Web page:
Which New Ideas to Use

Survey of community college leaders in distance education finds some interest and some skepticism about MOOCs and open educational resources.

April 23, 2013

SAN FRANCISCO -- Some community colleges are exploring ways to use massive open online courses and open educational resources in their curriculums, but plenty are skeptical. Those are among the findings of a new survey of distance education officials at community colleges, released here on Monday. The survey was conducted by the Instructional Technology Council and was released at the annual meeting of the American Association of Community Colleges.

The council, an affiliate of the two-year-college association, conducts annual surveys on a range of distance education and technology issues at community colleges. This year's was the first to ask about MOOCs and open educational resources, free online resources that can be used in teaching. Both MOOCs and OERs have been promoted as ways to help cash-strapped community colleges educate more students, many of whom themselves are cash-strapped.

On MOOCs, the survey found that only 1 percent of community colleges are offering course credits or certificates for MOOC completion. While another 44 are "beginning to explore options" that might incorporate MOOC content into programs, 42 percent reported that they had no plans to do so.

"As would be expected with something so new, campuses are cautious in their approach. Many community colleges are skeptical that a large-enrollment solution is appropriate for campuses that believe in smaller, more personalized instruction," says a report on the survey.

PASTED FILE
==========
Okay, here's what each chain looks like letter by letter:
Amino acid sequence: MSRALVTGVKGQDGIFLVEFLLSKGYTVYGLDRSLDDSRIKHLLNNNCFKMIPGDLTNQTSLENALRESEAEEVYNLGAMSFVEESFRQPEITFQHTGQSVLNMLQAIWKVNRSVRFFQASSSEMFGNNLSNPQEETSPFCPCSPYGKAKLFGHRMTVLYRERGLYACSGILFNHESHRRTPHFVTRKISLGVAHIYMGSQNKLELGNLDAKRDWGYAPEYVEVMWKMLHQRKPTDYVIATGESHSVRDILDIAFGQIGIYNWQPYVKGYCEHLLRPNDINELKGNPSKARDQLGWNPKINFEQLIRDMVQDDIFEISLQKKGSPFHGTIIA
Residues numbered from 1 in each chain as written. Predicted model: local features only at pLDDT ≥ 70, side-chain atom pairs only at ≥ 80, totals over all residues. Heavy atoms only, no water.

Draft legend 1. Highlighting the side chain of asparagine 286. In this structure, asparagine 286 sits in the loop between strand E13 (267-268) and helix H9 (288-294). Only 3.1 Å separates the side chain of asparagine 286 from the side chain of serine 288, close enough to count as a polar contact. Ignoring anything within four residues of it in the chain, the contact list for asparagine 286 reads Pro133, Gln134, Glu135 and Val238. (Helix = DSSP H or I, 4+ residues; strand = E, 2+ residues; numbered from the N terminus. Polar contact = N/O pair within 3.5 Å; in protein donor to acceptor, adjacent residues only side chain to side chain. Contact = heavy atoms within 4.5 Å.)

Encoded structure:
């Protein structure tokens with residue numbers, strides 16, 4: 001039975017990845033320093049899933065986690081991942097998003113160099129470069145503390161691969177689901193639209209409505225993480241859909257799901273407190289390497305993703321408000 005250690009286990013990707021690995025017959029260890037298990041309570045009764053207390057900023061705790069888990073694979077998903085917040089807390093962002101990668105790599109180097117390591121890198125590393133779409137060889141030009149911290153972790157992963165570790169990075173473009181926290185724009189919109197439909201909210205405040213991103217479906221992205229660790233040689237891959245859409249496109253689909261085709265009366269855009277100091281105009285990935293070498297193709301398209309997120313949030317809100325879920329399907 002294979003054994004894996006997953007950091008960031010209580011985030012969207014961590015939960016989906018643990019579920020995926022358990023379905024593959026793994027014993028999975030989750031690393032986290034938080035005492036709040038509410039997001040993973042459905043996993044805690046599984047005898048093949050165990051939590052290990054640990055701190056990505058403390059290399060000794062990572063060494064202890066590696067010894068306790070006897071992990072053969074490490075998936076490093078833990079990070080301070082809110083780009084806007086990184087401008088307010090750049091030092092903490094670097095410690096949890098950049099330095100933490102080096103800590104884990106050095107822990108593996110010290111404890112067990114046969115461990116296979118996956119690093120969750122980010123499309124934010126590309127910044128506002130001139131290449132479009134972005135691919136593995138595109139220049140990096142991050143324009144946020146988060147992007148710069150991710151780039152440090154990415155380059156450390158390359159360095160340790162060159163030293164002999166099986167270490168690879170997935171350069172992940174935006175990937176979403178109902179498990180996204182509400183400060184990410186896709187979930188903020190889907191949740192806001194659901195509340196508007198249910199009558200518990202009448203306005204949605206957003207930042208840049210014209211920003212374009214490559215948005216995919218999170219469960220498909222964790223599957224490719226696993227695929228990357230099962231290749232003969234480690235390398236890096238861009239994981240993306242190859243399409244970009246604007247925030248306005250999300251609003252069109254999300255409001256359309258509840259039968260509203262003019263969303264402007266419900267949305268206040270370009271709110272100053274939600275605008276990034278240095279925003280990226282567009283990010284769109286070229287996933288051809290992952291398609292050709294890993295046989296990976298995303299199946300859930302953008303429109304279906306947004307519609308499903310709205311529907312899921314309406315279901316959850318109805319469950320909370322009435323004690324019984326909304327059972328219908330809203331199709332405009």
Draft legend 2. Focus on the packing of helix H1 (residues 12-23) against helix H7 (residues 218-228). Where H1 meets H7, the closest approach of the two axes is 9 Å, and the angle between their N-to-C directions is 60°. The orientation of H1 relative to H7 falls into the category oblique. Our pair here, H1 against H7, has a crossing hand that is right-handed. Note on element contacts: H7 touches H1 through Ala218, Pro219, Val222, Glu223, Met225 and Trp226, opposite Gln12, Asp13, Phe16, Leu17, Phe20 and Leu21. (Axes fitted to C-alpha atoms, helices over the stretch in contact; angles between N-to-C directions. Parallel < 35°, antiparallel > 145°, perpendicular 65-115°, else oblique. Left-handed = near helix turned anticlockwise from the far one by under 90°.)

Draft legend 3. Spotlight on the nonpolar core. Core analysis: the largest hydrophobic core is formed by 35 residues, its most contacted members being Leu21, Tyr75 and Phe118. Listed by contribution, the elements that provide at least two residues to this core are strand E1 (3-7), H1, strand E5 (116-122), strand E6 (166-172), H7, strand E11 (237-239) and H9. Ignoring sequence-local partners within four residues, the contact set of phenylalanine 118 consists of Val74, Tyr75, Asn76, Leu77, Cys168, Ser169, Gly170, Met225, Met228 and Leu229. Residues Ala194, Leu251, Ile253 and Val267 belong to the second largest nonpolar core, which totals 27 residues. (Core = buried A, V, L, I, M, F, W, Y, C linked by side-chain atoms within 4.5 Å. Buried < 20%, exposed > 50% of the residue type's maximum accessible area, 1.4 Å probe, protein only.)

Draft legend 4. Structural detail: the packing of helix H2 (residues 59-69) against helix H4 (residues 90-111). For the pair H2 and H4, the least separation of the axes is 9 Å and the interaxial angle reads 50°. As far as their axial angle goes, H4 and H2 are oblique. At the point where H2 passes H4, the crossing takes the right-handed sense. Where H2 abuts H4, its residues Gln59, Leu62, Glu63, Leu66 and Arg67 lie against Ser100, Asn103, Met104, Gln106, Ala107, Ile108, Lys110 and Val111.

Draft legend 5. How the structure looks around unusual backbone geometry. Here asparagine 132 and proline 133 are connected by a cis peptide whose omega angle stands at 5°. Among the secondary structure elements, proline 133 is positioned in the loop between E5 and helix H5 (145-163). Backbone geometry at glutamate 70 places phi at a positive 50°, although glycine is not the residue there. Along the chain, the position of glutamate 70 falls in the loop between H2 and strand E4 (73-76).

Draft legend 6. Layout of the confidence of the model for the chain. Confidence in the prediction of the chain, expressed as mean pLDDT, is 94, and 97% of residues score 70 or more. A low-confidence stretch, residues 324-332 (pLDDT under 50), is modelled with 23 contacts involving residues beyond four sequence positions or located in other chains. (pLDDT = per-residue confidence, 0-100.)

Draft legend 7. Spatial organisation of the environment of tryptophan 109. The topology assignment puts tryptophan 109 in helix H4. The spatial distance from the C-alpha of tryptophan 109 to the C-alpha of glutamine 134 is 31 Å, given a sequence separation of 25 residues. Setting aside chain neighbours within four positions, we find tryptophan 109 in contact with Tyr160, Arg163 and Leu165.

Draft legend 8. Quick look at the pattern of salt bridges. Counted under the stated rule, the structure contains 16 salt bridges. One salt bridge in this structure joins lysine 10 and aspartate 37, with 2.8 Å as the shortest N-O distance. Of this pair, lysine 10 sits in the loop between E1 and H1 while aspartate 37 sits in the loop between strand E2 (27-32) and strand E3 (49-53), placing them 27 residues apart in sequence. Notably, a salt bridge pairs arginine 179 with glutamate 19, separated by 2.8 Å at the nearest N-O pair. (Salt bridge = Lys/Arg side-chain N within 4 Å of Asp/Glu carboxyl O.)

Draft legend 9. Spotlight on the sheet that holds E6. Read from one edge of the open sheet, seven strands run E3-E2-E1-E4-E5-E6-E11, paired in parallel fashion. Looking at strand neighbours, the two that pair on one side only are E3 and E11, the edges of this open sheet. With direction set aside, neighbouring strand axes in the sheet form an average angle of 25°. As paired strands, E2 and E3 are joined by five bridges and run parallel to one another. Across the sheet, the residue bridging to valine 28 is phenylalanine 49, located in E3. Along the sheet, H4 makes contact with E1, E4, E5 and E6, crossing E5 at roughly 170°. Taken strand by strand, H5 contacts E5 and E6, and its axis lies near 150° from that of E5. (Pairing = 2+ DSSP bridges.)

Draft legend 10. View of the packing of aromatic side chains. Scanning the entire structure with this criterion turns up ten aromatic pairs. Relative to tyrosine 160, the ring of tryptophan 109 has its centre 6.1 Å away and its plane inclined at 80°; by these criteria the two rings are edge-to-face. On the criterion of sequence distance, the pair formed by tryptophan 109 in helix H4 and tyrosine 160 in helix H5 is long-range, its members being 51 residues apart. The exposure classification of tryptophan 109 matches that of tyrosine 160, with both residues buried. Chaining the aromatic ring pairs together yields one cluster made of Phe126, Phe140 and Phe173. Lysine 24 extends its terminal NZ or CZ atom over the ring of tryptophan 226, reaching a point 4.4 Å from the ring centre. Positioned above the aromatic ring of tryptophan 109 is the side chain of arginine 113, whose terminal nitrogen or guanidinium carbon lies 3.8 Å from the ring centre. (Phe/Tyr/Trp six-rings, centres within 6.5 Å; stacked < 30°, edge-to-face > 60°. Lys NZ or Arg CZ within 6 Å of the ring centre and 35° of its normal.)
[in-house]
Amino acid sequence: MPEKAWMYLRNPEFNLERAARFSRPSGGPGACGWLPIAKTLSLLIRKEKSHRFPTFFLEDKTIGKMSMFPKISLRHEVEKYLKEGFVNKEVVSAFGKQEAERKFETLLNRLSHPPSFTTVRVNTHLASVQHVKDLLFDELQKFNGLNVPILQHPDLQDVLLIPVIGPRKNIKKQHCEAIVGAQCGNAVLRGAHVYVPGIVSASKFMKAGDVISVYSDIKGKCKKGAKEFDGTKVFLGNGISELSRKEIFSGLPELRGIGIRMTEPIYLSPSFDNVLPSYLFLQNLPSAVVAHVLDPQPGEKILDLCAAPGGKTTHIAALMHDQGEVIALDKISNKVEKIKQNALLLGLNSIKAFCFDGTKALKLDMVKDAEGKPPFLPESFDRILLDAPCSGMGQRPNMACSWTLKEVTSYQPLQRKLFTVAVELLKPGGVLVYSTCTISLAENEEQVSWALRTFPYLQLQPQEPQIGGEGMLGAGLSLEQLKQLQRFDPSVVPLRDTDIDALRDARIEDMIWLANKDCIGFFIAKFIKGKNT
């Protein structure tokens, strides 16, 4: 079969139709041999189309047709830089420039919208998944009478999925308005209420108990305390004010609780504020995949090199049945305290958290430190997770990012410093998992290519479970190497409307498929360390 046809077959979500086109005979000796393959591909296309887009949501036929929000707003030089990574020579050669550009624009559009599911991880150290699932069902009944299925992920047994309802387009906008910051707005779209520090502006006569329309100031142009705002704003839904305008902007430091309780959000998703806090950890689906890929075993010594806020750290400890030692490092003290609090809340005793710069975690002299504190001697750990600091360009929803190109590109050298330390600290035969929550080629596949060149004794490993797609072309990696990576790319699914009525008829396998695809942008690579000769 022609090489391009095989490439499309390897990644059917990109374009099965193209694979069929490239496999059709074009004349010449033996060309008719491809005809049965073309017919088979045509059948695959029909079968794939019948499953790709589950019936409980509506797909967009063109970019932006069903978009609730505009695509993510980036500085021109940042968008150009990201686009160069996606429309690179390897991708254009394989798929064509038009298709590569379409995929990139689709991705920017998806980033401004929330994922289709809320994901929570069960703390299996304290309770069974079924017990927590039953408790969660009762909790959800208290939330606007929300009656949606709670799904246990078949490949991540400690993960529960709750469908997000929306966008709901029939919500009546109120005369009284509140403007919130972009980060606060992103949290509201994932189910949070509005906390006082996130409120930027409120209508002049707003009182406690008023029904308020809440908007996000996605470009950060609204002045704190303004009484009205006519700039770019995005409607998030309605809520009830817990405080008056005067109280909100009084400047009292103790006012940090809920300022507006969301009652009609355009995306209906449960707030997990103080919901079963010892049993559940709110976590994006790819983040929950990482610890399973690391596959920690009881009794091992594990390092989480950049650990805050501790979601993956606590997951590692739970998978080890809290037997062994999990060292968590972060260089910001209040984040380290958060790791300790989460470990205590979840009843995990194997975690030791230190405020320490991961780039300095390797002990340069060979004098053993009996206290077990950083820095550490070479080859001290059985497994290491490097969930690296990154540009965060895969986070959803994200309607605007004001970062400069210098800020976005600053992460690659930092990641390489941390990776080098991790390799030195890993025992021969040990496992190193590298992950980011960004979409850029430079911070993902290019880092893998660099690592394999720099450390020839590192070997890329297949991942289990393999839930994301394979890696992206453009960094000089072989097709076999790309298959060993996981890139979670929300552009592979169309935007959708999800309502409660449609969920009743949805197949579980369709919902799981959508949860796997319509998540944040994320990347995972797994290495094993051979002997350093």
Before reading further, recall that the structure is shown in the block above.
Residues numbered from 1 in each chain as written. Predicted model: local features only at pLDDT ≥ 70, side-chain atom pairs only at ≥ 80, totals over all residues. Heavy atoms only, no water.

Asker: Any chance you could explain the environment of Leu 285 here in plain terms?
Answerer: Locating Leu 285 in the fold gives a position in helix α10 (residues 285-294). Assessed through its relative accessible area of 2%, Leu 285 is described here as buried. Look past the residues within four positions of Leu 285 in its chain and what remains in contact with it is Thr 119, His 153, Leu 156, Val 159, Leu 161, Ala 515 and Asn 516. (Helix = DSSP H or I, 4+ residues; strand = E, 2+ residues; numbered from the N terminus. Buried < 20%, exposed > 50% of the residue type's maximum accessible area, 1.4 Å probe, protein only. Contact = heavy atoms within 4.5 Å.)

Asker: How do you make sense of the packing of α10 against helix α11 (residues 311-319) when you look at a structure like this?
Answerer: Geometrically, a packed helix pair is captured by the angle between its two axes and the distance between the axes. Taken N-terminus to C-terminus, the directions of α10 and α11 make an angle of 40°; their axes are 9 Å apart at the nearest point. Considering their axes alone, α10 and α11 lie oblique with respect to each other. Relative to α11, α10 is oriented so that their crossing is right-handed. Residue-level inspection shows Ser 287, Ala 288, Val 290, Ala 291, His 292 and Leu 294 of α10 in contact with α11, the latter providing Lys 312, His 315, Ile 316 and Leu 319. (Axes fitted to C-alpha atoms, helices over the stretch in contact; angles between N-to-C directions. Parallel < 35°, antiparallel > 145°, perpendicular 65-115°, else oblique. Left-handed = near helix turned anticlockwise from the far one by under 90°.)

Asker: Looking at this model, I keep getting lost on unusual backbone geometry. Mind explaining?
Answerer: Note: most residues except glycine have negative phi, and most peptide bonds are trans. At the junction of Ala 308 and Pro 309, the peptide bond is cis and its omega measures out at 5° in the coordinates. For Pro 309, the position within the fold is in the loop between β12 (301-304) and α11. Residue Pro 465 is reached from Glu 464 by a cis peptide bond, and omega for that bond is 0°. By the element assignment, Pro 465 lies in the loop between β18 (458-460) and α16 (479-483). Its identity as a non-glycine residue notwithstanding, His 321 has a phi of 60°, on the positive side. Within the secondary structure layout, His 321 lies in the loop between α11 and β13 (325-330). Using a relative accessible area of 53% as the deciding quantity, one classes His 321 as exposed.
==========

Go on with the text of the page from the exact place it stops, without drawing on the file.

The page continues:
On OERs as well those surveyed include enthusiasts and skeptics. Only 36 percent anticipated a "significant impact" of OER at community colleges. Asked about roadblocks to using OER at community colleges, survey respondents cited the following (they could cite multiple reasons):

  • The time faculty members need to locate and evaluate OERs (67 percent).
  • Lack of faculty awareness (66 percent).
  • Concerns about the credibility of some resources (45 percent).
  • Lack of related materials (21 percent).
  • Resistance from the administration (14 percent).

In looking at other trends, the council survey found respondents reporting increased growth in online enrollments, but at lower rates than in years past. Much of the growth is coming in hybrid or blended courses.

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Scott Jaschik

Scott Jaschik, Editor, is one of the three founders of Inside Higher Ed. With Doug Lederman, he leads the editorial operations of Inside Higher Ed, overseeing news content, opinion pieces, career advice, blogs and other features. Scott is a leading voice on higher education issues, quoted regularly in publications nationwide, and publishing articles on colleges in publications such as The New York Times, The Boston Globe, The Washington Post, Salon, and elsewhere. He has been a judge or screener for the National Magazine Awards, the Online Journalism Awards, the Folio Editorial Excellence Awards, and the Education Writers Association Awards. Scott served as a mentor in the community college fellowship program of the Hechinger Institute on Education and the Media, of Teachers College, Columbia University. He is a member of the board of the Education Writers Association. From 1999-2003, Scott was editor of The Chronicle of Higher Education. Scott grew up in Rochester, N.Y., and graduated from Cornell University in 1985. He lives in Washington.

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